This romantic rivalry between Wessex & Shakespeare, enforced through violence & wealth, is far more intense than what I was hoping to see in Wings of Fame. My hope was for a mere Shakespeare cameo, where the bard could offend Peter O’Toole’s posh sensibilities either by insulting his acting skills or by acting like an Al Bundy-modeled slob in a moment of don’t-meet-your-heroes disillusionment. Wishing for for something that specific to happen in a movie’s script is usually an idiotic way to approach cinema, but Wings of Fame feels like it sets up that conflict (or any kind of interaction, really) by sending a fictional, famous Shakespearean actor played by a real-life, famous Shakespearean actor to an afterworld populated by dead famous people, Shakespeare blatantly excluded. That’s what makes it so strange that Colin Firth would later be the actor to participate in an onscreen rivalry with the bard. What’s even stranger is that Wessex’s contentious relationship with Shakespeare in Shakespeare in Love is not too dissimilar to the main rivalry that drives Wings of Fame. Once they arrive in the afterlife, O’Toole’s Shakespearean actor and his professionally bitter assassin get caught up in a (passionless) love triangle as they compete for the affections of the same demure French pop singer. Of course, O’Toole plays the blowhard cad in that scenario, not Firth, who would assume those duties in Shakespeare in Love. Shakespeare in Love is a much lesser film than Wings of Fame (although the pair are largely incomparable), but it both complicates & satisfies the two caveats I had with the otherwise impeccable surrealist comedy that had managed to unite Firth & O’Toole onscreen. All of the romantic rivalry intensity & onscreen conflict with Shakespeare himself I felt was missing from Wings of Fame was oddly misplaced in Shakespeare in Love; it also happened to feature the wrong actor of the duo.

For more on December’s Movie of the Month, the delicately surreal afterlife puzzler Wings of Fame, check out our Swampchat discussion of the film, and last week’s look at its less restrained Harmony Korine counterpoint.

-Brandon Ledet

Theatre of Blood (1973)

EPSON MFP image

three star campstamp

I’d love to live in a world where Vincent Price is considered “the world’s greatest actor”, but not like this. Not like this. Theatre of Blood is a puzzling meta horror vehicle for Price, both striking in the range it allows for the B-movie legend to chew scenery (plus its gore grotesqueness his films don’t usually approach) and disappointing in its lackluster execution. By all means, this gimmicky revenge thriller should be the exact kind of genre trash that has me head over heels, especially considering how unhinged Price manages to be in his lead performance, but by the end I couldn’t muster up much enthusiasm for what I had seen. This is decent schlock, but it had the opportunity to be much more significant than that. I didn’t hate it, but I really wanted to love it.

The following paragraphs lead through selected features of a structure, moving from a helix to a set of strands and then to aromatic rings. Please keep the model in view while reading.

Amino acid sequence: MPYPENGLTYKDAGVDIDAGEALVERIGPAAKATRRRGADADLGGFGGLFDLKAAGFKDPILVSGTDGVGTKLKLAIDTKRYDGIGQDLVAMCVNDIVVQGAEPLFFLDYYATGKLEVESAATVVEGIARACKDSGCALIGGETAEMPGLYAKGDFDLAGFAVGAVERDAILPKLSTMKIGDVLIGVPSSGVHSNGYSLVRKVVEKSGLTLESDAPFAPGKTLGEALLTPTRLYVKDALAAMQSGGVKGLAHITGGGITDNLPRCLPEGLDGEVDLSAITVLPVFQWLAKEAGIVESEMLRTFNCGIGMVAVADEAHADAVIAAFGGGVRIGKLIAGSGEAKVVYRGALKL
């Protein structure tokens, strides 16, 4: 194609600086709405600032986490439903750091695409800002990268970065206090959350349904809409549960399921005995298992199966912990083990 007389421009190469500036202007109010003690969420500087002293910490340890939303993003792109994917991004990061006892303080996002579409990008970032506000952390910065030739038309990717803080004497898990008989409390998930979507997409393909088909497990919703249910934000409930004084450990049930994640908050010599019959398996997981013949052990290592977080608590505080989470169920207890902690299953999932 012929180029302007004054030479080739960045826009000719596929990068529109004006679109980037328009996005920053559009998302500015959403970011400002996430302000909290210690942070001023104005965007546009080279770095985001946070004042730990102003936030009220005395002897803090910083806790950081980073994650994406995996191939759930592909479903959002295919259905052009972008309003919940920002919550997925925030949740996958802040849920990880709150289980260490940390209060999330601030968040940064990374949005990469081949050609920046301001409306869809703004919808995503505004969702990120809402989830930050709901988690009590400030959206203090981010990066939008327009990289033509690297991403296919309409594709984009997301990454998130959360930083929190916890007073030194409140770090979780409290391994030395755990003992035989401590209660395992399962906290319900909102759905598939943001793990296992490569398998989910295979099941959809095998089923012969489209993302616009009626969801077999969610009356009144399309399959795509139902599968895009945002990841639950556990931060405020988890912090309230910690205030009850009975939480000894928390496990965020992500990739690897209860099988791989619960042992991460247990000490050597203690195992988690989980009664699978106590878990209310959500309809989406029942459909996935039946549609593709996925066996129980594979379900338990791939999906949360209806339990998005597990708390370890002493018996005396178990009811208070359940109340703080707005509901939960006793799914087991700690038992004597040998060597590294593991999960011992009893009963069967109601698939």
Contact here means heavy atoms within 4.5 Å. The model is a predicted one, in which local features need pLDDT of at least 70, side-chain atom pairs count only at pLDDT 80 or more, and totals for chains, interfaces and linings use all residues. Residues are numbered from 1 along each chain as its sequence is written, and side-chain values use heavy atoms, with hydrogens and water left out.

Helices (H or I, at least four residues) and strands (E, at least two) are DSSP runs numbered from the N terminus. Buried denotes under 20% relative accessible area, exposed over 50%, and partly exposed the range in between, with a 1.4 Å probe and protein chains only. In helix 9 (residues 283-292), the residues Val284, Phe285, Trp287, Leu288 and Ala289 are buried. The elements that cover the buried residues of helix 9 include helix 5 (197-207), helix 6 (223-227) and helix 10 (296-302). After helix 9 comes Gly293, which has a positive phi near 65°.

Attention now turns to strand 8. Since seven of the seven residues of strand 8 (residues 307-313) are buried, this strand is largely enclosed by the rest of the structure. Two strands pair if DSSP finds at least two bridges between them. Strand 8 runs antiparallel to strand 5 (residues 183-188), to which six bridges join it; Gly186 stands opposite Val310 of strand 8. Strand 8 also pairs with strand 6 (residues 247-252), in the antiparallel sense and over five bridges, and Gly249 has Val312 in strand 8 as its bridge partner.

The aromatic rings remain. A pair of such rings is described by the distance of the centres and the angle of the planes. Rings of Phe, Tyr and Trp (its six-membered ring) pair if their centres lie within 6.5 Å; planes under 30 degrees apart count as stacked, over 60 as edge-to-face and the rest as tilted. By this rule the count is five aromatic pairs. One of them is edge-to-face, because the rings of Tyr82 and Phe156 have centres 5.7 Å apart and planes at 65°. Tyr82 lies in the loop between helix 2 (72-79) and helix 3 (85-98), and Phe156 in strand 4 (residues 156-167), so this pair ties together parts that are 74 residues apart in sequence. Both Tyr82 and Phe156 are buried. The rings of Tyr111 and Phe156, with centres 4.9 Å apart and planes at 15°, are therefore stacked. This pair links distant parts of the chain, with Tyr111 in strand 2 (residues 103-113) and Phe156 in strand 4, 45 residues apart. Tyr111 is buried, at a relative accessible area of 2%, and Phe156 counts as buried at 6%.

Price stars here as “the world’s greatest actor”, Edward Lionheart, a true thespian of the stage who refuses to take on any role unless it’s the lead part in a Shakespeare production. Fans agree that he is truly the world’s finest performer, but theater critics lock him out of all accolades due to his Shakespearean limitations. After a failed suicide attempt the bitter actor comes seemingly from beyond the grave to make each critic individually eat their own words (and, in one particularly brutal case, their own dogs) by killing them in elaborate ways that recall Shakespeare’s most notable works. There’s great subtext here about Vincent Price himself getting revenge on his own critics for brushing off his work as genre schlock by proving he’s at ease with difficult classical works, but for the most part the film is only exciting for its dozen or so brutal murders, which reportedly required six gallons of fake blood to bring to the screen.

What most confuses me about Theatre of Blood is its 96% approval rating on the Tomatometer. The film was a personal favorite for Price because he enjoyed being able to make money performing various Shakespeare monologues instead of pure horror cheese, which is totally understandable (if not more than a little sad). The truth is, though, that when Price isn’t performing these soliloquies or murdering his critics for an audience of Mortville bums, the film gets very one-note & boring, playing at best like a televised police procedural. It’s likely that people had fun with the film’s very campy tone & I’ll admit that the novelty of a grindhouse-esque work from Price that manages to be this silly is enjoyable in & of itself. I especially love its alternate title, Much Ado about Murder, as a note of exceptional  goofiness. However,  the film has nothing on similar revenge-minded works from the actor’s catalog like The Abominable Dr. Phibes, so there’s an oppressive cloud of seen-it-all-before hanging over the production. It’s at best on par with his other middling 70s meta horror, Madhouse, which isn’t too great of a position to be in at all.

Theatre of Blood is a serviceable Vincent Price flick probably best enjoyed in YouTube clips compiling its various gimmicky kills instead of watching its rough around the edges totality. As a critic, saying this might be inviting Price to rise from beyond the grave to smite me, but I’m okay with that. There are surely worse ways to die.

-Brandon Ledet